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Lot’s Captivity and Rescue


In the days of King Amraphel of Shinar, King Arioch of Ellasar, King Chedorlaomer of Elam, and King Tidal of Goiim, 2these kings made war with King Bera of Sodom, King Birsha of Gomorrah, King Shinab of Admah, King Shemeber of Zeboiim, and the king of Bela (that is, Zoar). 3All these joined forces in the Valley of Siddim (that is, the Dead Sea). 4Twelve years they had served Chedorlaomer, but in the thirteenth year they rebelled. 5In the fourteenth year Chedorlaomer and the kings who were with him came and subdued the Rephaim in Ashteroth-karnaim, the Zuzim in Ham, the Emim in Shaveh-kiriathaim, 6and the Horites in the hill country of Seir as far as El-paran on the edge of the wilderness; 7then they turned back and came to En-mishpat (that is, Kadesh), and subdued all the country of the Amalekites, and also the Amorites who lived in Hazazon-tamar. 8Then the king of Sodom, the king of Gomorrah, the king of Admah, the king of Zeboiim, and the king of Bela (that is, Zoar) went out, and they joined battle in the Valley of Siddim 9with King Chedorlaomer of Elam, King Tidal of Goiim, King Amraphel of Shinar, and King Arioch of Ellasar, four kings against five. 10Now the Valley of Siddim was full of bitumen pits; and as the kings of Sodom and Gomorrah fled, some fell into them, and the rest fled to the hill country. 11So the enemy took all the goods of Sodom and Gomorrah, and all their provisions, and went their way; 12they also took Lot, the son of Abram’s brother, who lived in Sodom, and his goods, and departed.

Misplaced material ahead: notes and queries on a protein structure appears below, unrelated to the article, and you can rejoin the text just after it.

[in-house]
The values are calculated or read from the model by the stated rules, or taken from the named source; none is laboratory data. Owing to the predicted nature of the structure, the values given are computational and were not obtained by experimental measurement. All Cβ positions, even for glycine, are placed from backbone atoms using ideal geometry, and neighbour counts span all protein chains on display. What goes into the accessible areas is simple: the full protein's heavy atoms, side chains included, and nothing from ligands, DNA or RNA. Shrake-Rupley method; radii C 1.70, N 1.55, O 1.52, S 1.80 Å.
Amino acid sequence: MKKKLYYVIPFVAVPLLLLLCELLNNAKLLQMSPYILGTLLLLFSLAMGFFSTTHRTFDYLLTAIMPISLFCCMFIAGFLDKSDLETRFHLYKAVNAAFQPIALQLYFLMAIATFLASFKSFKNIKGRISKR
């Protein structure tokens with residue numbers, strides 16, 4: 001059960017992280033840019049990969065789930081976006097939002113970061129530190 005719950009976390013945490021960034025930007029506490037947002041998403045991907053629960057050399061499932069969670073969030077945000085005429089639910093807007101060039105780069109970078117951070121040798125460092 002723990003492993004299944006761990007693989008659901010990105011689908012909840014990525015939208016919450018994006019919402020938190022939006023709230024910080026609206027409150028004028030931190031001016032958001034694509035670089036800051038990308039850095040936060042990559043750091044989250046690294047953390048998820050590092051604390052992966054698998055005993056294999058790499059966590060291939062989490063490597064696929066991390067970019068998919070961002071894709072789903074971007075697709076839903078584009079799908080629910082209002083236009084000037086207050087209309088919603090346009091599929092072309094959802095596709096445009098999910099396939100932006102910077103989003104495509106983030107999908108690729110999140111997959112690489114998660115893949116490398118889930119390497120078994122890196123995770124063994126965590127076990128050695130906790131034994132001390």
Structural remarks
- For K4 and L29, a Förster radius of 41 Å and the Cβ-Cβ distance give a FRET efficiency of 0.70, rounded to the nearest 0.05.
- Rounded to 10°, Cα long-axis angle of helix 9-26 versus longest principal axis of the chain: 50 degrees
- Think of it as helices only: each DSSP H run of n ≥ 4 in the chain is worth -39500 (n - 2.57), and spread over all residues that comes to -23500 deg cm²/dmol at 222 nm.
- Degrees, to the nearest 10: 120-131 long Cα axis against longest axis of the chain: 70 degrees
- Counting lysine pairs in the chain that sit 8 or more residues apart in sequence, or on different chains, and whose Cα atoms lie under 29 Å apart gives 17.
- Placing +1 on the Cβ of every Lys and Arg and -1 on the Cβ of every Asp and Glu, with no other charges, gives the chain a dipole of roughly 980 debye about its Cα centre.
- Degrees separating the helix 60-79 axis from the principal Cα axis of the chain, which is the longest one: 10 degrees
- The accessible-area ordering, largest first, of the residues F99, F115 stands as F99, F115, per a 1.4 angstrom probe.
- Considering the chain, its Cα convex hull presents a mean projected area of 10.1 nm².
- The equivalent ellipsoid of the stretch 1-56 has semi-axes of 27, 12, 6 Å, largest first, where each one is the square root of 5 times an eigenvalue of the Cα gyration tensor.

13 Then one who had escaped came and told Abram the Hebrew, who was living by the oaks of Mamre the Amorite, brother of Eshcol and of Aner; these were allies of Abram. 14When Abram heard that his nephew had been taken captive, he led forth his trained men, born in his house, three hundred eighteen of them, and went in pursuit as far as Dan. 15He divided his forces against them by night, he and his servants, and routed them and pursued them to Hobah, north of Damascus. 16Then he brought back all the goods, and also brought back his nephew Lot with his goods, and the women and the people.

Abram Blessed by Melchizedek

17 After his return from the defeat of Chedorlaomer and the kings who were with him, the king of Sodom went out to meet him at the Valley of Shaveh (that is, the King’s Valley). 18And King Melchizedek of Salem brought out bread and wine; he was priest of God Most High. 19He blessed him and said,

“Blessed be Abram by God Most High,

maker of heaven and earth;


and blessed be God Most High,

who has delivered your enemies into your hand!”

And Abram gave him one-tenth of everything. 21Then the king of Sodom said to Abram, “Give me the persons, but take the goods for yourself.” 22But Abram said to the king of Sodom, “I have sworn to the L ord, God Most High, maker of heaven and earth, 23that I would not take a thread or a sandal-thong or anything that is yours, so that you might not say, ‘I have made Abram rich.’ 24I will take nothing but what the young men have eaten, and the share of the men who went with me—Aner, Eshcol, and Mamre. Let them take their share.”